Amidst this political disorder, the police chief of India-administered Kashmir, SP Vaid, said what several news TV channels in India had been saying for a long time. On June 22, Vaid said that ISJK (Daesh’s local chapter) was active in Kashmir.

Following a gun battle in south Kashmir’s Anantnag district, in which four Kashmiri militants were killed, Vaid tweeted that the slain fighters belonged to ISJK.
Vaid was perhaps the first Indian government official to make a bold statement about the group’s ability to strike in Kashmir.

One more significant statement came from Dilbagh Singh. The police chief of India-held Kashmir, who after the desecration of Jamia Masjid told reporters in Jammu: “The presence (of Daesh) is not that big but the fact that people are being radicalised along those lines cannot be denied.”

So within a year, the Indian government changed its stance from Daesh had “no” to “not a big” presence in Kashmir. In the last few months, the government also launched a crackdown in Kashmir, arresting at least a dozen youth suspected of being ideologically “inspired” by Daesh.

Although there is no concrete answer as to what Daesh in Kashmir means or where it started, a senior police official in the region told TRT World that former associates of a militant group called Tehreek-ul-Mujahideen (TuM) are being investigated for their potential role in establishing a Daesh-affiliated insurgent group in India-administered Kashmir.

“Another individual, a Srinagar resident, has also been taken into custody for a non militancy case. He too is suspected of guiding some of the slain men but nothing has been proven yet,” said a police officer.

The four young men killed by Indian forces in June 2018, who police said were members of the alleged Daesh affiliate ISJK, were former militants of TuM.

“TuM chief Sheikh Jamil-ul-Rehman and another individual by the name Aijaz Ahangar developed some issues and it is believed Ahangar parted ways. Seven youths have been killed in gun battles in the last two years. It was these youth who called themselves ISJK,” said the officer requesting anonymity.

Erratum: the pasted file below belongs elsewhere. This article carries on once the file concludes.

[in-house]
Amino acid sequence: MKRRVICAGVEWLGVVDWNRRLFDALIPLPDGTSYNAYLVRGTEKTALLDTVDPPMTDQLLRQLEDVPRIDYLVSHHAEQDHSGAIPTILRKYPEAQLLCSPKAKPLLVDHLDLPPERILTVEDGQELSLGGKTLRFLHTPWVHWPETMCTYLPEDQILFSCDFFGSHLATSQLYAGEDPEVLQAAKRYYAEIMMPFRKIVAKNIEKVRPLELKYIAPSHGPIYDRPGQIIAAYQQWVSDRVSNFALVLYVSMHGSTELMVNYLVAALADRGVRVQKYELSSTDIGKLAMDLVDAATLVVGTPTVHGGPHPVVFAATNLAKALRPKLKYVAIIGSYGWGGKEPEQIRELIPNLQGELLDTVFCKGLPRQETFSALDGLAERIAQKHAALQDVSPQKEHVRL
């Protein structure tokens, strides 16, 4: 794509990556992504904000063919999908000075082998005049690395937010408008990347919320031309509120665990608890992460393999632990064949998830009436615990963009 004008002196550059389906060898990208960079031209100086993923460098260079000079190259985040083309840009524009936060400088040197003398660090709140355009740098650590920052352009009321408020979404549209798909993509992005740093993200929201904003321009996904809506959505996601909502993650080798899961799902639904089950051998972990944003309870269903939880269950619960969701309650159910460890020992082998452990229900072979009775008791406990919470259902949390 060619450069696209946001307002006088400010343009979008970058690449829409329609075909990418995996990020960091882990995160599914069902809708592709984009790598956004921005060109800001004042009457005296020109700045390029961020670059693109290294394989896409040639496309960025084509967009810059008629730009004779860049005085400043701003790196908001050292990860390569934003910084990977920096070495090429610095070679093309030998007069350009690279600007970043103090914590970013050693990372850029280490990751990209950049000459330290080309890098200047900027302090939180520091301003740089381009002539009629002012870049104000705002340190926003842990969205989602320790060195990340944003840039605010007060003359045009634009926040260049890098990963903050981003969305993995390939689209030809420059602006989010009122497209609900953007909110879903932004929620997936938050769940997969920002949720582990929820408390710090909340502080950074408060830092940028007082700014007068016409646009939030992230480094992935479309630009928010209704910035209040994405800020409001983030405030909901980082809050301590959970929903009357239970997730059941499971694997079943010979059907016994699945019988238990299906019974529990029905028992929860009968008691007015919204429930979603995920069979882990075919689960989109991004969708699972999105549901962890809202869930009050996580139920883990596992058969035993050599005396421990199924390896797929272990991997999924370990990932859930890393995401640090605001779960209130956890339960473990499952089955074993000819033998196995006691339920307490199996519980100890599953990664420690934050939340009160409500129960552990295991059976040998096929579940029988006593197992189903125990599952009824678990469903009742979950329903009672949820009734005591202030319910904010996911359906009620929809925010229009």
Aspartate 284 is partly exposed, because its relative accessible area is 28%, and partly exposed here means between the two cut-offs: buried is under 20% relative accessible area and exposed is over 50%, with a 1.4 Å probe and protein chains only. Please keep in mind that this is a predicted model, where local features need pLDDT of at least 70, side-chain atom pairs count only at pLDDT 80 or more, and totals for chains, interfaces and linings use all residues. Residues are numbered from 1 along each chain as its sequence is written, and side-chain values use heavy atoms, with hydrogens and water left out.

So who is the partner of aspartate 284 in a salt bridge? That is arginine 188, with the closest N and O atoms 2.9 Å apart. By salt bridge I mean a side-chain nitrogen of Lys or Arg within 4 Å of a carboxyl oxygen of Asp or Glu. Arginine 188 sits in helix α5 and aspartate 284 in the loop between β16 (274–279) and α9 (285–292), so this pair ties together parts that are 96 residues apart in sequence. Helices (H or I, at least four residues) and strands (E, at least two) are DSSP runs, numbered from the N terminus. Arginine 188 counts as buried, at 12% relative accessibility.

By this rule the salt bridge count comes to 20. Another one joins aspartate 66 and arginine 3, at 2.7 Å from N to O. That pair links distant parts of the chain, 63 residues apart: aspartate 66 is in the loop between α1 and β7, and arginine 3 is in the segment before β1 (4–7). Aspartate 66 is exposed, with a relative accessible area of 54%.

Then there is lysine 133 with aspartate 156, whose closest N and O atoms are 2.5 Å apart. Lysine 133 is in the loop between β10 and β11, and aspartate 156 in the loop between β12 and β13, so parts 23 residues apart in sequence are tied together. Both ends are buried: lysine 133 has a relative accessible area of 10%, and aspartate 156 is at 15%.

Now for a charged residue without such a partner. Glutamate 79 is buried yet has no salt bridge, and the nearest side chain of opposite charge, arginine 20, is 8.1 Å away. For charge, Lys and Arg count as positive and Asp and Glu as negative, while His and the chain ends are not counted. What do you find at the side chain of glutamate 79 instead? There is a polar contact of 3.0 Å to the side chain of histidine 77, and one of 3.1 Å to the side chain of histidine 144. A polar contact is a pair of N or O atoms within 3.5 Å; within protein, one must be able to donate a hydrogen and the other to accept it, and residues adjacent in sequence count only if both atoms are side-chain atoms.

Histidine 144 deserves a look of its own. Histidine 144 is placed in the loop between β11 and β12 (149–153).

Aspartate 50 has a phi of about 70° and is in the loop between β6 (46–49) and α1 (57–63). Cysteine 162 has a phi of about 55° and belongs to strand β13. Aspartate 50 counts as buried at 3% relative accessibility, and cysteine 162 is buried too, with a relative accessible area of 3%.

According to a police intelligence report, Ahangar is most possibly somewhere between Afghanistan and the Pakistan border. A former Kashmiri militant associated with the Harkat-ul-Mujahideen outfit, Ahangar’s father-in-law Abdul Gani Dar Gazalli, served as the top commander of the TuM. Gazalli was arrested by India’s Border Security Force in 2002 when he was considered one of the longest surviving militant commanders in age.

Gazalli now runs Saut-ul-Haq, a social welfare group that was originally a faction of Jamaat-e-ehle Hadith. He has largely been out of the news since he was accused and arrested in the killing of Jamaat-e-ehle Hadith leader Maulana Showkat Shah a decade ago. In 2017, Gazalli, who maintains a low profile, was in news again when his teenage grandson, and Ahangar’s son, Abdullah-Ibn-Aijaz was believed to have been killed in a United States drone strike in Afghanistan. Abdullah, also known by his alias Abu Umair, was believed to be a militant as well.

Police officers privy to the case did not elaborate on what exactly affected the relations between Rehman and Ahangar but they did say the issues were enough for some TuM cadres to leave the group and declare their allegiance to ISJK.

According to a senior police officer, of the seven militants who were killed and accused of being the members of so-called Daesh affiliate ISJK, two young Kashmiri men, named Dawood Sofi and Mugees Mir, were the first ones to defect from TuM and acted as unofficial leaders of the group.

With the Indian police clamping down on Daesh suspects in Kashmir, several police officials said that they had gathered some insights into what drives some young people to sympathise with Daesh. Besides the usual “killing all apostates” and establishing a new world order under the Islamic banner, the suspected Daesh supporters offered up information that surprised the interrogators, the officer said.

Najar was one of the most experienced militants in Kashmir, quitting Hizbul Mujahideen in 2015 to form a new outfit named Lashkar-e-Islam. Under Najar’s command, the militant group allegedly killed at least six civilians in north Kashmir for working for the Indian police and army.

Although the killing of alleged informants by militants was frequent during the peak of militancy, the strategy had faded out to avoid alienating local populace.

Najar, a militant for 17 years, had a different plan, however, as he called for a more aggressive and ruthless insurgency model, officials said.

Indian security forces killed Najar in 2017 near the de-facto border between India and Pakistan-administered Kashmir.

But police say that those Kashmiris who defend Daesh-style militancy eulogise Najar, often citing the wide impact his aggressive tactics had created in the disputed region.

With all the resistance against Daesh-style militancy emerging from within the separatist fold of India-administered Kashmir, the Indian government has intensified its search for Daesh suspects, casting a pan-India scrutiny and looking for possible clues that can link alleged Daesh suspects of Kashmiri origin with the suspects from mainland India.